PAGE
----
We hadn't passed Herrick by when we saw the construction signs. Road Closed. We rolled up where a construction worker told us that if we stayed to the right, we'd be okay. At first, it was. Then the hammers that bust up old pavement had crushed the surface of the road to bits, which made riding slow and difficult. Then we were obliged to walk around the very machine doing the crushing. It was loud and we were not wanted there, that was plain. We quickly moved around the machine, and the deafening din. We got on the left side of the road for a bit, and rode onward.

I still have the receipt from the campground in Burke.
Soon we had to jump back over. We saw the blacktop paving machine was busy laying down new blacktop. Dump trucks with full loads of the hot, sticky substance then came roaring by to meet us on their way to refill the paver. As each one went by, a hot shower of mini-meteorites came down upon us. Hot black top stings when it hits you, and sticks to frames and bags alike. This went on all the rest of the way into Burke. A fine welcome to South Dakota! I thought I was in Hell.

Once off the road, we quickly found a shelter in a park that allowed camping. There were showers- that was a welcome site! We each got cleaned up in succession so the bikes wouldn't be left alone. Then we were trying to figure out where to set up the tent. We had it erected under the shelter when Troy said, "Let's just leave it under here!" We all agreed to that, and started making dinner while the sun sank in the west.

Just about the time I got back from cleaning up, a local police officer pulled up. It was the Chief of Police of The City of Burke, South Dakota, no less. He tried sticking us with a $15.00 fee for camping. I politely explained that we were all in one tent, and that the sign, not more than three feet away, indicated that it was $5.00 per tent. Reluctantly, he agreed to the $5.00. I handed it to him, and he slipped it into his shirt pocket. As The Chief pulled away in his squad car, I told the other two, "Well, we just bought his beer for the night!" Troy and Ryan laughed, we crawled into our sleeping bags, and fell asleep without further adieu.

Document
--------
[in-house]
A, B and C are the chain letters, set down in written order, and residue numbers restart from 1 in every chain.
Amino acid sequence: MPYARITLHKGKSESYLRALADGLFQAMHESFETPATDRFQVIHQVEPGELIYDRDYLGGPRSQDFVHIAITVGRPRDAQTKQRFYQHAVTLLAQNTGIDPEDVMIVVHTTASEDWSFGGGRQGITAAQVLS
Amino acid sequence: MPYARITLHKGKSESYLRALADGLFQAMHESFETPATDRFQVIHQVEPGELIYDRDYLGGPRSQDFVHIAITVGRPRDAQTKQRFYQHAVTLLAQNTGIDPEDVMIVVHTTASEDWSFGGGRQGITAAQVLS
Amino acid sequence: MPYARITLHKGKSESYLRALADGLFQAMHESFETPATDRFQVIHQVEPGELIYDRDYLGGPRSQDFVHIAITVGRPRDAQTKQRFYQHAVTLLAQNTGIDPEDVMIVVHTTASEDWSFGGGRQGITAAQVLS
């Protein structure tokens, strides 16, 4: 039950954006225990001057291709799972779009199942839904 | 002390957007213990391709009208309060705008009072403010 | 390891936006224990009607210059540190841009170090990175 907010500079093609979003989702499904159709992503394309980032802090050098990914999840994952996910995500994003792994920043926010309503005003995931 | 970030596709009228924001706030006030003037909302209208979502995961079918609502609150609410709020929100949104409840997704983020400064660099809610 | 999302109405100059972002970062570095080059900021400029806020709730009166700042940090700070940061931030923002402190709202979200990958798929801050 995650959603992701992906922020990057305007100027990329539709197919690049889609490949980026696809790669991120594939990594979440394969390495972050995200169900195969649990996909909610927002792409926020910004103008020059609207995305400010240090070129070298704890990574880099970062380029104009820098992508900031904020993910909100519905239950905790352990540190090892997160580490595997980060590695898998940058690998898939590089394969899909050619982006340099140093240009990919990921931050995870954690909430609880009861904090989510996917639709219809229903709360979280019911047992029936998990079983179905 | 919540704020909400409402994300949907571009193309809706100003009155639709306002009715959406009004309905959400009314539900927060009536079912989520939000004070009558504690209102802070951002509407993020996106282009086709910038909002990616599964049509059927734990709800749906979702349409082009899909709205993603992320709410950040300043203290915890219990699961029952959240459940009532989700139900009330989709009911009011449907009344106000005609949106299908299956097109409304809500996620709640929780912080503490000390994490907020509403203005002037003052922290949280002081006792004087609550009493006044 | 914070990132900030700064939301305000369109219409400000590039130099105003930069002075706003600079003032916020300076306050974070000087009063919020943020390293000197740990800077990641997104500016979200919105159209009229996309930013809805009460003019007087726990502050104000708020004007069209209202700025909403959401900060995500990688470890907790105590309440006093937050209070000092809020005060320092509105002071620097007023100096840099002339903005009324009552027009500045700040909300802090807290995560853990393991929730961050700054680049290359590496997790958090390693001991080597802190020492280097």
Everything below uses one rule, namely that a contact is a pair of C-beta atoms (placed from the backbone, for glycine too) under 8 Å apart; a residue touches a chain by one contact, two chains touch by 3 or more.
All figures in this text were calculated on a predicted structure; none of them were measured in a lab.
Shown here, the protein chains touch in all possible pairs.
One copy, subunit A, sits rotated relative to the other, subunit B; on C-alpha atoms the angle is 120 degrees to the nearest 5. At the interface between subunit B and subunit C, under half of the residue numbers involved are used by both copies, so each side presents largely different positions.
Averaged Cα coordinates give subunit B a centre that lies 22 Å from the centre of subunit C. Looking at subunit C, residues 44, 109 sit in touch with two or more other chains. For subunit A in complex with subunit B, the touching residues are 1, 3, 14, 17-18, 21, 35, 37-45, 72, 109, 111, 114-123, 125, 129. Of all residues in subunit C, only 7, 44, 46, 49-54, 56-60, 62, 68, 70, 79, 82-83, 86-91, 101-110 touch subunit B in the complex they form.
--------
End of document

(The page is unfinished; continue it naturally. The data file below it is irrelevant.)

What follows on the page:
This was a tough stretch for me mentally. I was really ready to stop at Bonesteel and when Troy didn't even break his pace as we zoomed by my heart sank. It was stretching me and pushing my boundaries to keep pace both physically and mentally, but in the end, I was determined to make it to wherever we were going that night.

The black top being sprayed on us was probably the spur I needed to the loins to get to Burke. I was so pissed off! That stuff was the worst, and the hell of it all lasted after we stopped because it was stuck all over our gear and we had to meticulously pick it off piece by piece to clear it away. Everytime I see black top loaded in a dump truck I remember this day in the saddle.

In fact, the experiences of rolling into Burke, the dealing with the cop, and just being glad the day was over pretty much wiped out any remembrances of how awesome the entire day really was. We bagged 119 miles without adding in Jo's ride which propelled us much further along than I had anticipated after my debacle back in Iowa where I had heat exhaustion. We were now back on track, or so we figured, to make the tour work out.

Which reminds me, after this day I got my front panniers back from Ryan and Troy. Maybe they figured that we were on schedule again and that I was riding strongly enough that they no longer had to worry about me anymore.

Next: Day Five- Into The Wild West